An old and experienced Cuban fisherman has a run of terrible bad luck and is unable to catch any fish for eighty-four days. His young and devoted apprentice, Manolin, has been forced by his parents to start working with another fisherman. The old man resolves to sail out farther than all the other fishermen and attempt to catch the really big fish. On the eighty-fifth day he succeeds in hooking a marlin with his bait but the marlin is too strong for him and starts pulling the boat. The Old Man and the Sea is the story of the old man’s struggle with the marlin and his later battle against sharks.
Hemingway’s novel is based on real events and it also draws heavily on his own life. He had experience of fishing in the Cuban waters and like the old man he was also a fan of baseball. He worked for the Red Cross during the First World War and was injured by shrapnel when he was in Italy. Hemingway always talks about the need to struggle against defeat or death and how determination and endurance can help one to win in this struggle. The old man is at the end of the novel very near death, but we know that the story of his suffering and loss will live on in the memories of the people of his village. Ultimately his story becomes one of triumph because the tales of his life will live on even after his death. The novel was published in 1952, when people were trying to recover from the mass destruction wrought by the two world wars, and this tale of endurance and ultimate triumph immediately struck a chord with the readers.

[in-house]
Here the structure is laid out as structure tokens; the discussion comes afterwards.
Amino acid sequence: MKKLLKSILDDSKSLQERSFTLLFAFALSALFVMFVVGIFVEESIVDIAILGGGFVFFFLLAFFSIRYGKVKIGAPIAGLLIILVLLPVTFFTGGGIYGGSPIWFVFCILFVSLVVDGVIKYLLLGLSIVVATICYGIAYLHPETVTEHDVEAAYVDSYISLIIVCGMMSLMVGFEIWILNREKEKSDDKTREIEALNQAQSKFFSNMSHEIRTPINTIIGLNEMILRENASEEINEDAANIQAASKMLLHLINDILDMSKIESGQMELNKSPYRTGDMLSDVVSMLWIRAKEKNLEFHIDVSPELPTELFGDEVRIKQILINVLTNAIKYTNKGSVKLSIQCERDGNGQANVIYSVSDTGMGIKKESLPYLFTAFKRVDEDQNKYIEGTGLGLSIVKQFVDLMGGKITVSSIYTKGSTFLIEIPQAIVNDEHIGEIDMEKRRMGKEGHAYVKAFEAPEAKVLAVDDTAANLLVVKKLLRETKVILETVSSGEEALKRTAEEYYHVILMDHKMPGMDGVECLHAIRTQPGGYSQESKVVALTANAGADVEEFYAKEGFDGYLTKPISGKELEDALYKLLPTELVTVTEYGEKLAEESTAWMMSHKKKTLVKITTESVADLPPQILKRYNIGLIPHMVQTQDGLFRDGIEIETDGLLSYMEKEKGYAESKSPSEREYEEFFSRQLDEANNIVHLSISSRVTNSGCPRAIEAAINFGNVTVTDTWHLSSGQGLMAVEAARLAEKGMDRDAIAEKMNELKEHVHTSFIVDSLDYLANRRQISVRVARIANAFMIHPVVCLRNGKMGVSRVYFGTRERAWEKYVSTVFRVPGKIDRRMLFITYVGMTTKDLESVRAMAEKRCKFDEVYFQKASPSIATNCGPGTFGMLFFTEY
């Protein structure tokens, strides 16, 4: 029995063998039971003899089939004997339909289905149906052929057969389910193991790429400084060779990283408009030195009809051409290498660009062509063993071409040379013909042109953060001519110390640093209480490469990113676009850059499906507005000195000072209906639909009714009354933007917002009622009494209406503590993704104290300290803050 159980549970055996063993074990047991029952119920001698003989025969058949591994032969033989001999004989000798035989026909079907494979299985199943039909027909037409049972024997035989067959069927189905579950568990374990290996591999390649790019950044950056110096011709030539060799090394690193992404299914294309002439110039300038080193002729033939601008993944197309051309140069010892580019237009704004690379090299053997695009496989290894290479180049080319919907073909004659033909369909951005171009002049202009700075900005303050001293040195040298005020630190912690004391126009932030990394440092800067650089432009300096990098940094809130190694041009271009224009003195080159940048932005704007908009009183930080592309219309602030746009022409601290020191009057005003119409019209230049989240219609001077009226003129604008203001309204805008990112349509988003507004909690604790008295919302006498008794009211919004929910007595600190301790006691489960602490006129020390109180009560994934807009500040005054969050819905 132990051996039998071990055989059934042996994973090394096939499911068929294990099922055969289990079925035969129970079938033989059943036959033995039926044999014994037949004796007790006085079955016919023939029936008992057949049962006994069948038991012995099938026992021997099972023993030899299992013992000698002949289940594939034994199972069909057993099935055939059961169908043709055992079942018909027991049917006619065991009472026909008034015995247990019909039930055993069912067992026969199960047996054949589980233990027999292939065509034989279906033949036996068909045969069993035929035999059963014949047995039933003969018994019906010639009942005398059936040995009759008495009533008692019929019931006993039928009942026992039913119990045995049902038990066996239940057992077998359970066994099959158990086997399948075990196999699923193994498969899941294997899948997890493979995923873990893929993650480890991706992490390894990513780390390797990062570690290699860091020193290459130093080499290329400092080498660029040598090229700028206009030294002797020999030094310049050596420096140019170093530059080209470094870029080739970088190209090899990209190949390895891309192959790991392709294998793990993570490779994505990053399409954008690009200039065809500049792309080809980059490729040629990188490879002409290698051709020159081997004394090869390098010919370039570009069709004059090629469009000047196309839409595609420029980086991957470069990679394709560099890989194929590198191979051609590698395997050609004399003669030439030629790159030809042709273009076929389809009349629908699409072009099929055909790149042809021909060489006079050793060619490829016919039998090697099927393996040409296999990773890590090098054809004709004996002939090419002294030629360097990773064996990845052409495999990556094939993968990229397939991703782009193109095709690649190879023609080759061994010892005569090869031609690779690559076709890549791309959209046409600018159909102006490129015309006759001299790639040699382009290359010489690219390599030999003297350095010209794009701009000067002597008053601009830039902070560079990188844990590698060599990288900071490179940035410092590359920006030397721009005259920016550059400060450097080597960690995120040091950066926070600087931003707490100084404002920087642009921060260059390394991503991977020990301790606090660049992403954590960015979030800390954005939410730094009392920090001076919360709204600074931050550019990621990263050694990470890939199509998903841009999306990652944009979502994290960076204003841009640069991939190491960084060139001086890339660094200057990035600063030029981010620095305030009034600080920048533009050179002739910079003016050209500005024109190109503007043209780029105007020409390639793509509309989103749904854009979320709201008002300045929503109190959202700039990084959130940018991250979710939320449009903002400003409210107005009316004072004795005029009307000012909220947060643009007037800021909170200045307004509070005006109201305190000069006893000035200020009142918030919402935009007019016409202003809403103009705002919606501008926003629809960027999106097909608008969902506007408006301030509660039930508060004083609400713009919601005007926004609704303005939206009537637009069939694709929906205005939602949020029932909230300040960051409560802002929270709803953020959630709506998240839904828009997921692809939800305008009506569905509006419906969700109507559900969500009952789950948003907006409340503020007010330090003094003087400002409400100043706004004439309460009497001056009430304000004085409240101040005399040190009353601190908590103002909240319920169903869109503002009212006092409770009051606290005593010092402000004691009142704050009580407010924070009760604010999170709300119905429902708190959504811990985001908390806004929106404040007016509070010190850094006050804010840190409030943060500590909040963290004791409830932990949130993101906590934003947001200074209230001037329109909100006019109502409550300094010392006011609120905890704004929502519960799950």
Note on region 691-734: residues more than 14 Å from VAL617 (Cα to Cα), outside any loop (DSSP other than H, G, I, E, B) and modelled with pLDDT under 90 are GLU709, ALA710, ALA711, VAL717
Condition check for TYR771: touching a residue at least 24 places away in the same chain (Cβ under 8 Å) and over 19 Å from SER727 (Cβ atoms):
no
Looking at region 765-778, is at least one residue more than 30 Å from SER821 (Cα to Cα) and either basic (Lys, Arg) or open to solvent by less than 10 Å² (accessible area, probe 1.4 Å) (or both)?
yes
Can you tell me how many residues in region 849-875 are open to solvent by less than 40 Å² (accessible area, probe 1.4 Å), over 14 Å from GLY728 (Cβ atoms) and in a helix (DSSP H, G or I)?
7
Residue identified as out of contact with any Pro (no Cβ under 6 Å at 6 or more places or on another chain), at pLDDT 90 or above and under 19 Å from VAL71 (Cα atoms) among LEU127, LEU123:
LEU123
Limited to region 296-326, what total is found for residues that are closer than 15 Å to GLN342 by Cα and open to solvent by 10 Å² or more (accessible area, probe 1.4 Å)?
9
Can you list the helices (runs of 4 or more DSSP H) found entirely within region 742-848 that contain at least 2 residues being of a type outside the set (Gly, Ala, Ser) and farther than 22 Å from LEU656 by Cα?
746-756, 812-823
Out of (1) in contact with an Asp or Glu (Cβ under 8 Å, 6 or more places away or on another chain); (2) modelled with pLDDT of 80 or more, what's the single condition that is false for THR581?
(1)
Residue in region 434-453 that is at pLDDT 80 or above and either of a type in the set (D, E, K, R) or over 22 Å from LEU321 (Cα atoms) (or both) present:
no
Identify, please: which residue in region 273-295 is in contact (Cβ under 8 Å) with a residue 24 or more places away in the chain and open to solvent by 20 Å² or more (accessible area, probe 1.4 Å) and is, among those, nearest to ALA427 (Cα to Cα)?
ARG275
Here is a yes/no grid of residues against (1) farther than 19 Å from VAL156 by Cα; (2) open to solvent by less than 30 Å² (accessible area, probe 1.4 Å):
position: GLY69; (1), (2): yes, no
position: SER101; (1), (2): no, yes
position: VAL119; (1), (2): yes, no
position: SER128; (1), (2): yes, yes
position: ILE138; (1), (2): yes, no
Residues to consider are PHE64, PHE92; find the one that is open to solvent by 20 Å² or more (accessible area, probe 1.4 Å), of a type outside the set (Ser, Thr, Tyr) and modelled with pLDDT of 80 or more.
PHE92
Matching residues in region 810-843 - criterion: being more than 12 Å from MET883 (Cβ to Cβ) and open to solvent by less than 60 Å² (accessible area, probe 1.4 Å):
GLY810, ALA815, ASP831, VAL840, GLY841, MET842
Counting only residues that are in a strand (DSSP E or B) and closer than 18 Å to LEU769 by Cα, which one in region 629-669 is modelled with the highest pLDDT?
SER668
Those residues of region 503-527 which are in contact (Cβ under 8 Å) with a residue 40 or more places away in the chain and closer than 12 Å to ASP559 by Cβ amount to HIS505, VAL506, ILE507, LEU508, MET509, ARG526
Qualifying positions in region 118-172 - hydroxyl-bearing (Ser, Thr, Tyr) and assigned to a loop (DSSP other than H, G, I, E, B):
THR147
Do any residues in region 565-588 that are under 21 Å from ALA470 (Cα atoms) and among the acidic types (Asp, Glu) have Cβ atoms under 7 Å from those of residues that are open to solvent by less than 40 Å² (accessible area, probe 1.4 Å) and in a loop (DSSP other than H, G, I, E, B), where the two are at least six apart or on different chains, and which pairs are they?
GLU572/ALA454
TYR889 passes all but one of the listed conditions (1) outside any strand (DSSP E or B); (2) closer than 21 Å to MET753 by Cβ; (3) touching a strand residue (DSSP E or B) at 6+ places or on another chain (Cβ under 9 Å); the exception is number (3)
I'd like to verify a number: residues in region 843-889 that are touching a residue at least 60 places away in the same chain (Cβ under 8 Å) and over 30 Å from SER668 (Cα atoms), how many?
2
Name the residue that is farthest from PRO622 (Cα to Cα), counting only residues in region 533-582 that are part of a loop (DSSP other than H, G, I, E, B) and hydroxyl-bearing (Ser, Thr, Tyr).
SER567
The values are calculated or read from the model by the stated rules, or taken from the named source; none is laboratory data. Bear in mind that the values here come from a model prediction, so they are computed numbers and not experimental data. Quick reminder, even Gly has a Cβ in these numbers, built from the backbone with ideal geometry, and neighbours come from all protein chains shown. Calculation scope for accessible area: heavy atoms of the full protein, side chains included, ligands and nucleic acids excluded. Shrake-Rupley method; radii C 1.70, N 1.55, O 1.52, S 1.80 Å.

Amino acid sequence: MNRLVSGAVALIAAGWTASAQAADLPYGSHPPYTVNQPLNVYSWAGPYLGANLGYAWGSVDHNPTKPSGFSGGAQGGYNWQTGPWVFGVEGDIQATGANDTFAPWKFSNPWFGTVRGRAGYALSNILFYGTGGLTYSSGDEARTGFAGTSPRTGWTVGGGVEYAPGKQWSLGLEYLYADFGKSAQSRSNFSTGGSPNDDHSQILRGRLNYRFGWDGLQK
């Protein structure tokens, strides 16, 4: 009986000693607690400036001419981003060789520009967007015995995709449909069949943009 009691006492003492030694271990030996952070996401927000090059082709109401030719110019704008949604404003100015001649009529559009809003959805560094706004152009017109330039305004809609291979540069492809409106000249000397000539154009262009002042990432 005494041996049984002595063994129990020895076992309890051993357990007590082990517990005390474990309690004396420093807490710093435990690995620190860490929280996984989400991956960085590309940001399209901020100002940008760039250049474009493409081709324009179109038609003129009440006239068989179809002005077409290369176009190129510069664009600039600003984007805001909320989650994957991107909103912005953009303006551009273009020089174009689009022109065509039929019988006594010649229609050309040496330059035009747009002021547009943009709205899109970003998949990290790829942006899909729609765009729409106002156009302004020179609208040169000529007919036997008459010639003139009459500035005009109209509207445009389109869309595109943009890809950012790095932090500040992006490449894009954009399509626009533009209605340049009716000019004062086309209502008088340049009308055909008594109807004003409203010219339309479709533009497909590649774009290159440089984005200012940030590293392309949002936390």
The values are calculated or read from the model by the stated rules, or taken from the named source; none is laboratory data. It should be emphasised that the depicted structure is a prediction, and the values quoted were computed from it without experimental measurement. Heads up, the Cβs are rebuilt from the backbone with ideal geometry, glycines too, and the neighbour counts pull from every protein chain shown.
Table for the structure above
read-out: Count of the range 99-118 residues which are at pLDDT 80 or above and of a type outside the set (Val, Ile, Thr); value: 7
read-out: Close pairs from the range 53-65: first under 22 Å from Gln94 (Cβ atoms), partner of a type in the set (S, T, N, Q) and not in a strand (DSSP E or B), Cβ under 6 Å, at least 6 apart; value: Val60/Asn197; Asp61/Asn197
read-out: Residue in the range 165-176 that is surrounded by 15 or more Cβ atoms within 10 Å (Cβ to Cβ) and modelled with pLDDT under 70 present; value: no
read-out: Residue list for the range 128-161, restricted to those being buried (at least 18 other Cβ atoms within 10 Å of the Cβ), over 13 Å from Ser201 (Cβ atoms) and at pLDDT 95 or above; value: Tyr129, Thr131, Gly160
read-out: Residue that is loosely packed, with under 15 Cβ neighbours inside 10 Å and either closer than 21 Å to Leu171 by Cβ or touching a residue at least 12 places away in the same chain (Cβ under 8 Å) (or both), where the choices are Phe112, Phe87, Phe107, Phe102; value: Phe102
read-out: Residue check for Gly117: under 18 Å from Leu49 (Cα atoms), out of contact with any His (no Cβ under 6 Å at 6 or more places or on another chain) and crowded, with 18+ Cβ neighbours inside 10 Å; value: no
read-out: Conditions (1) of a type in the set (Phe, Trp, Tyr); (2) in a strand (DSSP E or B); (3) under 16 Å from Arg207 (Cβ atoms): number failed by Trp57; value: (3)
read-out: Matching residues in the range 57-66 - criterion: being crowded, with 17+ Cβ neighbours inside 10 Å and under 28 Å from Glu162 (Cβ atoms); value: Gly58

Hemingway’s language is simple and pithy. He mostly writes in short and straight-forward sentences and practises an extreme economy in his use of words. This simplicity is deceptive and a reader can read his work again and again and find new layers of meaning every time.
I first read this novel years ago, when I did not understand it at all and was left unimpressed. In spite of this a vivid image remained with me – an old man holding on to his fishing line with the last of his strength. Recently I read this book again and was extremely moved. The formidable strength of the old man’s character, the quiet devotion of the empathetic Manolin and the relationship between the two are heart-warming. Hemingway’s descriptions of the sea and the creatures of the water are beautiful. The marlin fights for its life desperately and it’s hard to know whether our sympathies should lie with the old man or with the marlin. But as the novel progresses the old man and the marlin are inseparably linked because both stand for the same ideals, that is, a noble struggle against destruction.
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